Victoria’s inland wetlands lock away the annual emissions of 185000 people, or roughly the population of Geelong, according to the state’s first-ever tally of these environmental resources.
The tally, which came to three million tonnes of carbon dioxide each year, was gathered by researchers from the Deakin School of Life and Environmental Sciences Blue Carbon Lab, and will increase understanding of how the environment helps to regulate greenhouse gas emissions.
Lead researcher Paul Carnell said inland or non-tidal wetlands were an integral part of Australia’s carbon budget.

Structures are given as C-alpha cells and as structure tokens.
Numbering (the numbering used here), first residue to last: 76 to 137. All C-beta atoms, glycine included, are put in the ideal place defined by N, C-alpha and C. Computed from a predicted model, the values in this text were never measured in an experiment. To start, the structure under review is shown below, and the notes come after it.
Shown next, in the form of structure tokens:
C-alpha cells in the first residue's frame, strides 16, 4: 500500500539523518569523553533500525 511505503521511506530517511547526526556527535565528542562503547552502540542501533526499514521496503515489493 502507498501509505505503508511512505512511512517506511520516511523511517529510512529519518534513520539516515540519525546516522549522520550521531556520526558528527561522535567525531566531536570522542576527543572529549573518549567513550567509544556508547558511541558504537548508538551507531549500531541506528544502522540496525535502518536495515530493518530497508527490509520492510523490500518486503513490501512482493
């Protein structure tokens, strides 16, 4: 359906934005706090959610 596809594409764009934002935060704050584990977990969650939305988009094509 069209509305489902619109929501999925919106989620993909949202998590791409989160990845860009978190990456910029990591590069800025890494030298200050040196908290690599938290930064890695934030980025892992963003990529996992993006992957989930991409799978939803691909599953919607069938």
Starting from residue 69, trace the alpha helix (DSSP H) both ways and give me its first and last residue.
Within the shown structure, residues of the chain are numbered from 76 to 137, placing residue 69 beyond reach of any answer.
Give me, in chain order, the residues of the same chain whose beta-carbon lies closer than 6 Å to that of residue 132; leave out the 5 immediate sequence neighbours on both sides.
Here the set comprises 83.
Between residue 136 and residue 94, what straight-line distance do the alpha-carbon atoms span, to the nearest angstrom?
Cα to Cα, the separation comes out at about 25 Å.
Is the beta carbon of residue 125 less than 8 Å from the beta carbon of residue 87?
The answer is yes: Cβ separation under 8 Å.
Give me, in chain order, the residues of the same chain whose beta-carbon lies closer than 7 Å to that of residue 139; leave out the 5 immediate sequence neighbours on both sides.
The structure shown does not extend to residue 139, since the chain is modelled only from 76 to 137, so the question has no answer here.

‘‘While a lot more is known about how trees suck up and store carbon, freshwater wetlands can actually isolate 20 to 40 times more carbon than forests on dry land,’’ Dr Carnell said.
‘‘In their soil is a mixture of plant material and sediment from upstream or dryland areas.
‘‘Because these wetlands are anoxic (contain little oxygen), it’s hard for the carbon in this material to be broken down and re-released into the atmosphere.
‘‘Instead the carbon in this material is stored in the ground ... and each year new material is added to the wetlands’ overall carbon store.
‘‘It’s the reverse process of digging up and burning coal or oil; here wetlands are taking that gas and putting it back into the ground.’’
Victoria has about 530000ha of inland wetlands, which include marshes, peatlands, pools and lakes, making up about 2.33 per cent of the state’s land area.